Top Orange County Obstruction of Justice Lawyers Near You

Ron Cordova, Attorney at Law

Obstruction of Justice Lawyer | Serving Orange County, CA

Free Consultation

Se Habla Español

949-287-8700

I Understand That Even Good People Sometimes
Find Themselves in Bad Situations.
Call today to Get The Help You Need!

As an experienced and well-respected Orange County criminal defense lawyer, Ron Cordova knows criminal defense inside and out. Ron has represented criminal defendants in 29 states and several foreign countries and offers each client the highest level of legal service through skill, compassion and aggressive representation. He has tried more than 150 cases in state and …

Law Offices of Gregory Rubel

Obstruction of Justice Lawyer

Free Consultation

866-926-7162

20 Years of Courtroom Experience and Reasonable Fees
Serving all Courts in California

Featured Orange County, CA Obstruction of Justice Law Firm

Obstruction of Justice Lawyers in Orange County

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Orange County Obstruction of Justice Information

Are You Facing Obstruction of Justice Charges?

If you are facing obstruction of justice charges, you are at risk of severe penalties, including fines and time in prison. You will benefit from hiring a skilled Orange County obstruction of justice attorney who will evaluate your case and help build your defense.

Defending Against Obstruction of Justice Charges

Did you know that there are several ways one can be convicted of obstruction of justice? When an individual interferes with the works of the judicial system, law enforcement, or regulatory agencies through making bribes, threats, as well as tampering with or destroying evidence, they will more than likely be punished for those acts. A Orange County obstruction of justice attorney will protect your rights and help challenge the introduction of certain evidence if you go to trial.

Top Questions to Ask When Hiring an Attorney

  • How many years have you been practicing law? How long have you practiced law in the local area?
  • How many cases similar to mine have you handled in the past?
  • What is the likely outcome for my case?

In legal practice, experience matters. An experienced attorney will likely have handled issues similar to yours many, many times. Therefore, after listening to your situation, the attorney should have a reasonable idea of the time line for a case like yours and the likely resolution.

Tips on Approaching an Initial Attorney Consultation

  • Use the consultation as a means of gaining a better understanding of your legal situation.
  • Ask the attorney how many cases similar to yours he/she has handled. An attorney's experience and knowledge can speak to their expertise (or lack of) in addressing your situation.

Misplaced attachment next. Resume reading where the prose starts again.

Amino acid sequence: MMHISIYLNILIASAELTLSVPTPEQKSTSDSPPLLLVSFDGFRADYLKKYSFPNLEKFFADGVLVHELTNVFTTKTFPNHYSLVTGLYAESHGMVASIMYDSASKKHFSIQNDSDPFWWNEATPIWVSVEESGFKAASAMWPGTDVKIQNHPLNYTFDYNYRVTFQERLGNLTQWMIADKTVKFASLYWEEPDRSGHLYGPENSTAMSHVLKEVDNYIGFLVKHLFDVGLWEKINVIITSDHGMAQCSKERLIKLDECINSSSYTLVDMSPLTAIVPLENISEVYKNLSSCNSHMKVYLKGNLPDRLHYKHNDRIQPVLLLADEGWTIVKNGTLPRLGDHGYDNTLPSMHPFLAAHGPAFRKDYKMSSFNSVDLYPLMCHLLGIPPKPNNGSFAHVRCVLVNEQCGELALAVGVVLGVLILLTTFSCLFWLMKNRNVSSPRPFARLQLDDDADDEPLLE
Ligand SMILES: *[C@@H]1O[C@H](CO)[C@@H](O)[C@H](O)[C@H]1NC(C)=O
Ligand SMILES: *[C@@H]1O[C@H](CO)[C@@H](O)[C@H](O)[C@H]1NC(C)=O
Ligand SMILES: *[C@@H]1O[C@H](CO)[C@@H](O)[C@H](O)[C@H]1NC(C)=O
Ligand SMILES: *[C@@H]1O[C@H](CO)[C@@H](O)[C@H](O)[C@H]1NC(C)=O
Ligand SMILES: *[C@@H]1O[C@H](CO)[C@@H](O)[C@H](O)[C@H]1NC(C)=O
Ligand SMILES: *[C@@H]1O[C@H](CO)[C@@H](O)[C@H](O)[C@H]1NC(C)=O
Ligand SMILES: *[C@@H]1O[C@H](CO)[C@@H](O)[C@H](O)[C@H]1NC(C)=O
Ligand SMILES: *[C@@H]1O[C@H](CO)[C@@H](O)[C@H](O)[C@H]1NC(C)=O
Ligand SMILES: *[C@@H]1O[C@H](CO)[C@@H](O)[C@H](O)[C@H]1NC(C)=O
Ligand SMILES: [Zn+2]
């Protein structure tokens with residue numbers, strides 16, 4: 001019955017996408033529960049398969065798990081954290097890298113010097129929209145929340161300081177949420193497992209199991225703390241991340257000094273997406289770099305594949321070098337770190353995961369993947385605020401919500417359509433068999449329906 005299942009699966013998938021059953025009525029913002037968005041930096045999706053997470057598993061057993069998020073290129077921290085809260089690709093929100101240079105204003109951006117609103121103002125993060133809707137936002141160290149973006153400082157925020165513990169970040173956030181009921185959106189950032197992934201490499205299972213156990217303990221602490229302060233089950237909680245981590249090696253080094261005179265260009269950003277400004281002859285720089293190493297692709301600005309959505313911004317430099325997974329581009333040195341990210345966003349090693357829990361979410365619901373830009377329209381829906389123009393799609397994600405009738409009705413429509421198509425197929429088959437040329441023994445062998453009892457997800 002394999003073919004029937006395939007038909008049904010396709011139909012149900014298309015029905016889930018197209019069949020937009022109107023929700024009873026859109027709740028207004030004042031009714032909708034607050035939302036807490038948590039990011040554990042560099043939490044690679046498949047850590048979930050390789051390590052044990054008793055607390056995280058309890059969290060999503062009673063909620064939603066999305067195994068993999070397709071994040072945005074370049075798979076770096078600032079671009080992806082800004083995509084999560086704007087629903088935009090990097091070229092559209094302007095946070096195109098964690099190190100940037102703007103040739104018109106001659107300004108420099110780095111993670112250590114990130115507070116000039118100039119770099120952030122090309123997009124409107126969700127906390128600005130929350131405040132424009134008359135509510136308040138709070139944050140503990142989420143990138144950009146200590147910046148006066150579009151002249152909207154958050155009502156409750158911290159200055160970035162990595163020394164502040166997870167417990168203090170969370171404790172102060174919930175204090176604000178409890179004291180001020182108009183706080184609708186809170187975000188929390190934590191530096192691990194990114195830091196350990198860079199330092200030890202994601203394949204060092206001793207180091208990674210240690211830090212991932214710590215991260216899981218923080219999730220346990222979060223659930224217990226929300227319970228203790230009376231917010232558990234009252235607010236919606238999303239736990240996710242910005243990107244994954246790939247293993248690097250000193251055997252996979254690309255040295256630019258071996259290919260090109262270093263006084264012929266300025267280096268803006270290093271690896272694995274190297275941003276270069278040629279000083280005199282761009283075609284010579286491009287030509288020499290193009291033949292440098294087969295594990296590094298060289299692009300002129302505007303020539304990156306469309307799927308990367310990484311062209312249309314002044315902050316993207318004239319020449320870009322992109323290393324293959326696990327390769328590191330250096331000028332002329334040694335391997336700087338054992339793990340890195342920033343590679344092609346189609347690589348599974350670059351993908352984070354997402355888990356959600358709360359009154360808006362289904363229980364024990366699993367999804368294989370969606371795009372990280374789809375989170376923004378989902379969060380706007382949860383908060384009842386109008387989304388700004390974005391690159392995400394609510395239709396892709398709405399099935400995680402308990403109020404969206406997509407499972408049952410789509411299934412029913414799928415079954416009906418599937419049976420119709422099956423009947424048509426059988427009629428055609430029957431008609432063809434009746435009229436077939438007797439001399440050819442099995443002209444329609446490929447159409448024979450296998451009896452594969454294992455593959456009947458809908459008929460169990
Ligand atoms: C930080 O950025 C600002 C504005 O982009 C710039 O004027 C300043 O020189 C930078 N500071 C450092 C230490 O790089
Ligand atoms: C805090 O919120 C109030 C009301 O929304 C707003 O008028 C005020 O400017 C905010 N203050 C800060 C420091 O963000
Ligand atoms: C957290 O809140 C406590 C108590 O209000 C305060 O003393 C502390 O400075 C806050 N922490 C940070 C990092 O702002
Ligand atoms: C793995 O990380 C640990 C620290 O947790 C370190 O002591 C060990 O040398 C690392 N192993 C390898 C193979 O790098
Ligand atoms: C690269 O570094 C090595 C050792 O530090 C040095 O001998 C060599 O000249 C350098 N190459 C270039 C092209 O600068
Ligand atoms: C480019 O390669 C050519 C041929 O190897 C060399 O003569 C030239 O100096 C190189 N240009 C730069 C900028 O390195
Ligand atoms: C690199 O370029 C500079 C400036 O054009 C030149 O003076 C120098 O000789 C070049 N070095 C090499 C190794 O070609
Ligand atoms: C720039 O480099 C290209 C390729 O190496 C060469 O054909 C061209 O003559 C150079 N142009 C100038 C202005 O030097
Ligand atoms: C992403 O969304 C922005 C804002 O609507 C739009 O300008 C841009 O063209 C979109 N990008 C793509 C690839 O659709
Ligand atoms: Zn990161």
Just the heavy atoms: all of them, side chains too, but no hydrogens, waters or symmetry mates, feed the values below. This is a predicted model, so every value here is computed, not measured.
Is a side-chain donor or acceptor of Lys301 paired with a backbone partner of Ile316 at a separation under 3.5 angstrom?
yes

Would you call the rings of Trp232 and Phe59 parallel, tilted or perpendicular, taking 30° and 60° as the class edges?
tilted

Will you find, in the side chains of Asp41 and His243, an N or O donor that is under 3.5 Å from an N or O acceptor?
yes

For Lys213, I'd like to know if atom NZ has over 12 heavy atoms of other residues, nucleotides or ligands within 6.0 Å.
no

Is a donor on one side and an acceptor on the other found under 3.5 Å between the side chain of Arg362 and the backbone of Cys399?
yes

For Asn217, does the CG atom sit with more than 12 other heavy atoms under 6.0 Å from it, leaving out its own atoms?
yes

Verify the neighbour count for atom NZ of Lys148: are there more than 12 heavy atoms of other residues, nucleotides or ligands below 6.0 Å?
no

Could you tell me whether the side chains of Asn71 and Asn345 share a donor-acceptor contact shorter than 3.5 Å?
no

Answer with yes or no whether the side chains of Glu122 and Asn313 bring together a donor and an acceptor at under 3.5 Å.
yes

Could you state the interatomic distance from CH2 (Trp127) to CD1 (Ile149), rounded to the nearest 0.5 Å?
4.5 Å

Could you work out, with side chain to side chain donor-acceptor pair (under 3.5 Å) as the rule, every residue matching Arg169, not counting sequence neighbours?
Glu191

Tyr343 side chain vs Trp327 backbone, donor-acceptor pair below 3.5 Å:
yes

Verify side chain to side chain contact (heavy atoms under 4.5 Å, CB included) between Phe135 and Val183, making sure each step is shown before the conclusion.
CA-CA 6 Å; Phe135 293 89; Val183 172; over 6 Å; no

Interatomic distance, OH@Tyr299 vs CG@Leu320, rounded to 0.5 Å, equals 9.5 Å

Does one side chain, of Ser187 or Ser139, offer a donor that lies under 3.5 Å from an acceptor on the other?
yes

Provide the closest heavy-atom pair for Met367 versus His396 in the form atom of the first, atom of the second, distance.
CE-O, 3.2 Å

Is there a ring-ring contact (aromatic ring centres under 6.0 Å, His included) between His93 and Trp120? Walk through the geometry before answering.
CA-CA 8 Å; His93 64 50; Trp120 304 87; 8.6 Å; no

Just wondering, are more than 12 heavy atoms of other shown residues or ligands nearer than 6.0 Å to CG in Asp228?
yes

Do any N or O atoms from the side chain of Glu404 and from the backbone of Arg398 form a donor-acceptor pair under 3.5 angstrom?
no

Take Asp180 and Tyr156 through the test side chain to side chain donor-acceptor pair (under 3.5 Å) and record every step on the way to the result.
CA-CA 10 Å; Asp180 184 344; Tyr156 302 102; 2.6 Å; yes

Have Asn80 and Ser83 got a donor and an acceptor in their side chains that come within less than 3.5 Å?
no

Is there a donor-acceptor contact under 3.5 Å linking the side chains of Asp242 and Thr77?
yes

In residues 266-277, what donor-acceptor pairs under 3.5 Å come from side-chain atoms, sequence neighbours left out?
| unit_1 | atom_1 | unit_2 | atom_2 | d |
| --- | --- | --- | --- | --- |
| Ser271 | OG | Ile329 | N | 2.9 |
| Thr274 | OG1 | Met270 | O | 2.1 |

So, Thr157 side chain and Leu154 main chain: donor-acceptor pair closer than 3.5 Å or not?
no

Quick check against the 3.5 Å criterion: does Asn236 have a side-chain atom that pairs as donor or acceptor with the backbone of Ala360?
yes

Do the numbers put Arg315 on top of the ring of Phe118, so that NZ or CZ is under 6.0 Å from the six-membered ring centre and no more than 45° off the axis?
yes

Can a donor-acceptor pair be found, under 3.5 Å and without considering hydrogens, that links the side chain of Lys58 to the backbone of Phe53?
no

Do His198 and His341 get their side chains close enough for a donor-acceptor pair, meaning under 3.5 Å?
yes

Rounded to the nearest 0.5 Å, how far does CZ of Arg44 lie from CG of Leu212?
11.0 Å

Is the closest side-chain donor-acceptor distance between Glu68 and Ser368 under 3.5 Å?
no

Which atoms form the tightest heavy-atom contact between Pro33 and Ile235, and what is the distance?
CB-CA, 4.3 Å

• Your attorney should be able to articulate roughly how long a case like yours will take to resolve and what sort of procedures to expect.
  • Determine how comfortable you are working with the lawyer and/or law firm.

Types of legal fees:

Bill by the hour: Many attorneys bill by the hour. How much an attorney bills you per hour will vary based on a number of factors. For instance, an attorney's hourly fee may fluctuate based on whether that hour is spent representing you in court or doing research on your case. Attorneys in one practice area may bill you more than attorneys in a different practice area.

Contingent fee: Some lawyers will accept payment via contingent fee. In this arrangement, the lawyer receives a percentage of the total monetary recovery if you win your lawsuit. In sum, the lawyer only gets paid if you win. Contingent fee agreements are limited to specific practice areas in civil law.

Flat fee: For "routine" legal work where the attorney generally knows the amount of time and resources necessary to complete the task, he/she may be willing to bill you a flat fee for services performed.

Common legal terms explained

Pro se - This Latin term refers to representing yourself in court instead of hiring professional legal counsel. Pro se representation can occur in either criminal or civil cases.

Statute - Refers to a law created by a legislative body. For example, the laws enacted by Congress are statutes.

Subject matter jurisdiction - Requirement that a particular court have authority to hear the claim based on the specific type of issue brought to the court. For example, the U.S. Bankruptcy Court only has subject matter jurisdiction over bankruptcy filings, therefore it does not have the authority to render binding judgment over other types of cases, such as divorce.

Lead Counsel Rated Attorneys

Lead Counsel's objective process independently verifies attorney records, conferring with state bars across the country and conducting annual reviews to confirm that the attorney practices in the legal categories as indicated, possesses a valid bar license, and is eligible to practice in the specific jurisdiction.